13th September 2018
Two huge cricket records at the Oval smashed by two different cricketers and best friends in the last Test match before one of them retires from international cricket…it reads like a plot of a corny cricket novel. But, as we all know, James Anderson and Alastair Cook made it happen in the latest Test match, […] More…
23rd August 2018
Sportspages’ New Stock catalogue is packed with rare items and sports memorabilia, detailing iconic and extraordinary sports events. We were spoilt for choice when we tried to choose a few to highlight. In the end we plumped for three extraordinary football matches. In each of them a team finished with a result football teams can […] More…
26th July 2018
28th June 2018
17th May 2018
How many male footballers can be described as an England World Cup Winner?! Very few, but Ray Wilson could. An England player, who started his career with Huddersfield Town, Wilson died a few days ago at 83. He was a quiet, modest, key member of England’s 1966 winning football team. England’s men’s football team winning […] More…
3rd May 2018
5th April 2018
22nd February 2018
The Winter Olympics are not often the scene for British sporting triumphs. At this year’s Olympics we have 4 medals to date, one of which is gold. We may possibly win another medal, which would make the Pyeongchang Olympics our most successful Winter Olympics ever. We have, however, managed a few sporting coups at the Winter Olympics over […] More…
26th January 2018
Our New Stock catalogue is out now, packed with fantastic items of sports memorabilia. Big names from various sports feature heavily: cricket’s Jack Hobbs and Les Ames; golf’s Henry Cotton; football’s Ray Wilson and Bob Paisley and athletics’ legendary Zatopek, to name but a few. Two characters stand out for both their achievements and their […] More…
11th January 2018
Footballers are on the move again in this month’s football transfer window. Remember the first £1 million transfer deal, done in 1979? Legendary Nottingham Forest manager, Brian Clough bought Trevor Francis from Birmingham City for £1,180,000 including VAT and fees. Francis’ deal was double the amount received by Liverpool when Kevin Keegan was sold to […] More…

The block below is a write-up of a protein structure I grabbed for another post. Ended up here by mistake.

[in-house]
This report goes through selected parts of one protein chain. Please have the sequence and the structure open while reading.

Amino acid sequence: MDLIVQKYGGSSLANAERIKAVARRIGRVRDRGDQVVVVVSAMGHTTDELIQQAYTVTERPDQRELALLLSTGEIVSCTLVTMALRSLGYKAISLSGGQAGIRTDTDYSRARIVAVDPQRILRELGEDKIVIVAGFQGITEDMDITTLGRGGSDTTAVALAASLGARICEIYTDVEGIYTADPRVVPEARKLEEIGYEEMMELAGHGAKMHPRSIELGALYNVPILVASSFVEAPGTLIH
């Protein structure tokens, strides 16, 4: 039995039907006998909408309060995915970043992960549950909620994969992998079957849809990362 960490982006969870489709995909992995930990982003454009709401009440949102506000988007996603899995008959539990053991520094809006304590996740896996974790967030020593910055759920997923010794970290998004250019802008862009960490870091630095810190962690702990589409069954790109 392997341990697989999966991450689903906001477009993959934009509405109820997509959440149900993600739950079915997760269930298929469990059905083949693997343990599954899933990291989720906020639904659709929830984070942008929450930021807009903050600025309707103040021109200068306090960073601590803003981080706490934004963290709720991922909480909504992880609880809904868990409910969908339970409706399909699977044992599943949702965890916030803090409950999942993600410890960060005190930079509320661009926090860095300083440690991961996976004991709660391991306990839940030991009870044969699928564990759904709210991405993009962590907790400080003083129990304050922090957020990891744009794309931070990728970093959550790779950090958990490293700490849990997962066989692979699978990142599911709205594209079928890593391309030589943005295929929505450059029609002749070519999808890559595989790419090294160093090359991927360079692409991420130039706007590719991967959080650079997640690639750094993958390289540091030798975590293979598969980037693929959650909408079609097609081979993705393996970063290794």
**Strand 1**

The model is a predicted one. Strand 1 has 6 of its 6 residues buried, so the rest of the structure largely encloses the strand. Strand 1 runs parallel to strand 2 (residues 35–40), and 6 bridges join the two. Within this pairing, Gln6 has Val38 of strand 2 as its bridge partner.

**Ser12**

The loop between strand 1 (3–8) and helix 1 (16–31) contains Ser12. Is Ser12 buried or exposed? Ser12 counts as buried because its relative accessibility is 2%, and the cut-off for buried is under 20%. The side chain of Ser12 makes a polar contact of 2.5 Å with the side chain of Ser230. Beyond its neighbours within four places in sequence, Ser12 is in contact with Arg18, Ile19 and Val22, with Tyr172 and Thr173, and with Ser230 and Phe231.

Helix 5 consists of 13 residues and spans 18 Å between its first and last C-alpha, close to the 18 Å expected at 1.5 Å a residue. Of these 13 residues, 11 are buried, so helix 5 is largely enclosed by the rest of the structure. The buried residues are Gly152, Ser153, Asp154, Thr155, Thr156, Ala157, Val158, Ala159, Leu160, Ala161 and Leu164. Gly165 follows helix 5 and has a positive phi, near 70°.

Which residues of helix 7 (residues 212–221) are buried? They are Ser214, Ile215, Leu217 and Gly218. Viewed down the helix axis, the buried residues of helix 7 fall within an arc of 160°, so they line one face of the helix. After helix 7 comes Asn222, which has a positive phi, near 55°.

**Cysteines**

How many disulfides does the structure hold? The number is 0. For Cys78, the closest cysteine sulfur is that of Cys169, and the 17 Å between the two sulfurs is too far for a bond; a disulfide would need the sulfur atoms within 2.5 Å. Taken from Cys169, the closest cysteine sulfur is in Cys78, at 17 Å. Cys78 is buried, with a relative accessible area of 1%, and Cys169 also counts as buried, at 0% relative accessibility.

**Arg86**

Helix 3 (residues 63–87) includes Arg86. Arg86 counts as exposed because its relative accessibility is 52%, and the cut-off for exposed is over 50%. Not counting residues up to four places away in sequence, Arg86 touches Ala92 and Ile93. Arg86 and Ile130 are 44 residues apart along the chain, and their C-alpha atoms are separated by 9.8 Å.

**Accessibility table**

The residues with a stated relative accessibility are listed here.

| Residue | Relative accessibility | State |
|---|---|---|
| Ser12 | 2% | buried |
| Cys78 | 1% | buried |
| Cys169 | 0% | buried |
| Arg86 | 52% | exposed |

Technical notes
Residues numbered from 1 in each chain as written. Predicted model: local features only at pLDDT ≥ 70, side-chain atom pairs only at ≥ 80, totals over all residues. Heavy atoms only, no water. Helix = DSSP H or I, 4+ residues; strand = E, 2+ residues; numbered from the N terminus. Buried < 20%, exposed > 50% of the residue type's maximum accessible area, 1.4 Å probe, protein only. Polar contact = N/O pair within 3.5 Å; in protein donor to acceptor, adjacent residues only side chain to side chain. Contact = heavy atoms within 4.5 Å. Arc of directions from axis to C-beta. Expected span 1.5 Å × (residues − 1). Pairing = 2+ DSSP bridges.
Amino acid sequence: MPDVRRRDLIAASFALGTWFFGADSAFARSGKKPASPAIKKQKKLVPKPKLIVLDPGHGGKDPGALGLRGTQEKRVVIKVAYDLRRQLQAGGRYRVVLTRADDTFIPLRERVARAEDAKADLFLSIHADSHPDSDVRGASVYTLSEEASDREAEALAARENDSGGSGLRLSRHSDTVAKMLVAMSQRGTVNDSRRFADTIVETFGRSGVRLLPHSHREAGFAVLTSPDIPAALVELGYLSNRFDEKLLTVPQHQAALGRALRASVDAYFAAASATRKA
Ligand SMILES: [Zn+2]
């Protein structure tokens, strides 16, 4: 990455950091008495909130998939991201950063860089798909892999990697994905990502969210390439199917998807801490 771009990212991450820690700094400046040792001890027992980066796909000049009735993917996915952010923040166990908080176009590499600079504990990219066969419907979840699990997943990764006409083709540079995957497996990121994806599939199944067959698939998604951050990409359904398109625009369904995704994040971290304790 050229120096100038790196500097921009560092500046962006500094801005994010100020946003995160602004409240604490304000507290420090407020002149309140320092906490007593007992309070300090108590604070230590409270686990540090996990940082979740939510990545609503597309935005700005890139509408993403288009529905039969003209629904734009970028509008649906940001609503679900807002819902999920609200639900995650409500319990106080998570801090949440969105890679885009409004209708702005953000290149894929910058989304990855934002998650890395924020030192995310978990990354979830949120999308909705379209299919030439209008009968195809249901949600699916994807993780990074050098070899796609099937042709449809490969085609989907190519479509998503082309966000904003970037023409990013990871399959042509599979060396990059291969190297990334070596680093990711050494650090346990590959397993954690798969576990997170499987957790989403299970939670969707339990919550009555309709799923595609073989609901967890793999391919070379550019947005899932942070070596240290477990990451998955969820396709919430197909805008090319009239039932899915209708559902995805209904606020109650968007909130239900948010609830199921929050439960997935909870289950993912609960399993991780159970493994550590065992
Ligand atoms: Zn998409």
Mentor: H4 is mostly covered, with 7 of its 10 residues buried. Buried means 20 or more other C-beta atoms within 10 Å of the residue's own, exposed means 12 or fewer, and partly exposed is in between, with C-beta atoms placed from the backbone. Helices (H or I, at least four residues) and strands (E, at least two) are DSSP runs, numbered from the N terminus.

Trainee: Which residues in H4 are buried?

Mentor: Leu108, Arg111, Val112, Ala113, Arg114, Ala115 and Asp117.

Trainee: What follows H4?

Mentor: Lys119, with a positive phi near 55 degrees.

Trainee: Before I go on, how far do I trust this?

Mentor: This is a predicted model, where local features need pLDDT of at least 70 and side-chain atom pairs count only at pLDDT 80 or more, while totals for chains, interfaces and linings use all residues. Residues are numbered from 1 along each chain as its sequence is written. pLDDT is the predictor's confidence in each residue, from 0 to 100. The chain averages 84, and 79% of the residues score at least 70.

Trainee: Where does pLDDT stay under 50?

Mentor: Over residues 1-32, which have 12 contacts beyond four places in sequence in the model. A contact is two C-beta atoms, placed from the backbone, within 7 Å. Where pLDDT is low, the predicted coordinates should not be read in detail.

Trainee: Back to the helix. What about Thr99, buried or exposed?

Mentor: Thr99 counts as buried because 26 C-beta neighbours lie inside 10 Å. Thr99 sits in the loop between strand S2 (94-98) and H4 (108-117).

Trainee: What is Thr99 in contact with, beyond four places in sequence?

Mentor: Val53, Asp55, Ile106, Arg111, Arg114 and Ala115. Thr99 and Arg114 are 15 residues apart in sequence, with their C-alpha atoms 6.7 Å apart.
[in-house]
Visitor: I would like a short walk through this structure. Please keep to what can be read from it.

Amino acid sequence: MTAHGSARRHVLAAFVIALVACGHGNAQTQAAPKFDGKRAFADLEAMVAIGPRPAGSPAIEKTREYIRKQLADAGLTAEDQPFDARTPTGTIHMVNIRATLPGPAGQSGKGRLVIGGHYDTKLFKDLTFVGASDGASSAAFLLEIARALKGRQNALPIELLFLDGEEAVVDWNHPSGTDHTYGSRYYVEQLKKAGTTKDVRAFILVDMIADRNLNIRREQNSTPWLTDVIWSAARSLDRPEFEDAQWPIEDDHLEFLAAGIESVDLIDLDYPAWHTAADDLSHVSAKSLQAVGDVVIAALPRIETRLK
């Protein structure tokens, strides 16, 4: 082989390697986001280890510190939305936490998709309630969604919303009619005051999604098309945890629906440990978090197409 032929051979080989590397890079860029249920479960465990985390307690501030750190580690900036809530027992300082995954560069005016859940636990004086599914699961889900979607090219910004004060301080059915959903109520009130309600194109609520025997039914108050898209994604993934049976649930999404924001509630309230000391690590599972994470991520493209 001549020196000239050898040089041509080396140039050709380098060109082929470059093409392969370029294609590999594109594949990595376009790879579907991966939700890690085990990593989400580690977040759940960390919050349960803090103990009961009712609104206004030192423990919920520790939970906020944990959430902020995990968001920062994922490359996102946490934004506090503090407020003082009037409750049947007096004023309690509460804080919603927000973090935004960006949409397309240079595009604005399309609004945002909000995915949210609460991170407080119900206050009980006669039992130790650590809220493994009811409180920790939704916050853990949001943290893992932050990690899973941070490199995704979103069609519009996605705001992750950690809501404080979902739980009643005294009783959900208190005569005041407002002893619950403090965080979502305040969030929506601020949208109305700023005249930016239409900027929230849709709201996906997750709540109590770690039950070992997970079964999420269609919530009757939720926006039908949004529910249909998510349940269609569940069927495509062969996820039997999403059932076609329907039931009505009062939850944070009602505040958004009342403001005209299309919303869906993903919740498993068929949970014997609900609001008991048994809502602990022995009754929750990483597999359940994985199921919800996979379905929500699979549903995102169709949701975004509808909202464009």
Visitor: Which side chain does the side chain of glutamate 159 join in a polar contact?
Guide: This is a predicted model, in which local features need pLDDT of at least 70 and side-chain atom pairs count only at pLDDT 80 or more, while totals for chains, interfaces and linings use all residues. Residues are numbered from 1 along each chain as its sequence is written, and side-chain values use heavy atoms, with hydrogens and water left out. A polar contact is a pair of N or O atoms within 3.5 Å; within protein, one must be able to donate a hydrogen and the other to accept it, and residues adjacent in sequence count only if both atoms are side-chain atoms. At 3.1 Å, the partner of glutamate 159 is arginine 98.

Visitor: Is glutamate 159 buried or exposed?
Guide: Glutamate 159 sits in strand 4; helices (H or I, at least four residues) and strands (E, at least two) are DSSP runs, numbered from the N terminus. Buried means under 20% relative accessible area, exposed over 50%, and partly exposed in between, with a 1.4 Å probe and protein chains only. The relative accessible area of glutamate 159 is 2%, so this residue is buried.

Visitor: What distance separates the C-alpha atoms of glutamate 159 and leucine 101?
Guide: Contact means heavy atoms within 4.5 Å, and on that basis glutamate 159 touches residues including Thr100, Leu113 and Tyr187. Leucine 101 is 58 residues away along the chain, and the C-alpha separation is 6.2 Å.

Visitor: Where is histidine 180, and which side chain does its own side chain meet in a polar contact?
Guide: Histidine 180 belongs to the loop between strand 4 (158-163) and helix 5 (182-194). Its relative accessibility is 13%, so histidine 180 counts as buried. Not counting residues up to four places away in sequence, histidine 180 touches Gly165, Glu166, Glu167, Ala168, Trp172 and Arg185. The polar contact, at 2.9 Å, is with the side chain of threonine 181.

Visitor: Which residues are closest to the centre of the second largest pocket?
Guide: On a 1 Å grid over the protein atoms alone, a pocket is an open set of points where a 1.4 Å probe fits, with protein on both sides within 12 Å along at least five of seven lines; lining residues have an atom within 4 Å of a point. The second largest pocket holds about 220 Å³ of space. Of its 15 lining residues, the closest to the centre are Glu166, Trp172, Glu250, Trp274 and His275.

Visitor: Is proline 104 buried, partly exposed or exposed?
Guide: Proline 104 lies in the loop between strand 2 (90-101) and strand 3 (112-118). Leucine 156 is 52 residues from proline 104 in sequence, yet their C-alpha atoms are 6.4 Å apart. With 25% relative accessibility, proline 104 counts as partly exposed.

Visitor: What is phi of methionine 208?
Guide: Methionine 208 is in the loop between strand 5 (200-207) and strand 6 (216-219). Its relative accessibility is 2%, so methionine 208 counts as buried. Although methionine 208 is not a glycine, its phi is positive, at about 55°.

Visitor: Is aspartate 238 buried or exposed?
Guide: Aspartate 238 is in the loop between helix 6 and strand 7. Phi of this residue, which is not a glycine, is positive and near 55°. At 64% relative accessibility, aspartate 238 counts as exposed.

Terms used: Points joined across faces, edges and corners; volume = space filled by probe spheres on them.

6th April 2017
Martin Sheridan was actually born and brought up in County Mayo, Ireland. The USA was very quick – and sensible – to claim him as one of their own, soon after he stepped upon their shores! Sheridan was born in Bohola, County Mayo in 1881. He stayed in Ireland until he was 18. Then he followed his older brother, Richard, to New York. There Martin Sheridan became a physical trainer and then a policeman.
Martin Sheridan was 6’3″ and 194 lbs, a fair old size at the beginning of the twentieth century. He was also extremely strong and athletically talented. He specialised in throwing and jumping, competitively. Over the course of his competitive life he won 12 US Championships and over 30 Canadian titles. Those were the national titles…Sheridan won 5 gold Olympic medals over the course of 3 Olympics: 1904 in St Louis, Missouri; 1906 in Athens and 1908 in London for discus and shot put. He won two silver medals for the Standing High Jump and Standing Long Jump. The man was virtually unbeatable over a 14 year period, during which he established 16 world records.
Sheridan had by this time officially become American but, understandably, Ireland has always laid claim to him too. They quickly gave him the accolade of having won more Olympic medals than any other Irish athlete. When he returned to Ireland after the 1908 London Olympics, he imagined he would ‘slip into’ Ireland quietly to see his family. Instead, as his train drew into Swinford Station, people thronged the platforms and the town’s band played ‘See the Conquering Hero Comes’.
Sheridan returned to New York and policing after his athletics career. He was always held in huge esteem. He saved four children and their parents from certain death in a burning building. He also was the New York Governor’s personal bodyguard whenever the governor was in town. Sadly, strong and mighty as he was, Martin Sheridan’s life was cut short by the 1918 flu epidemic. He was one of its earliest casualties in 1918.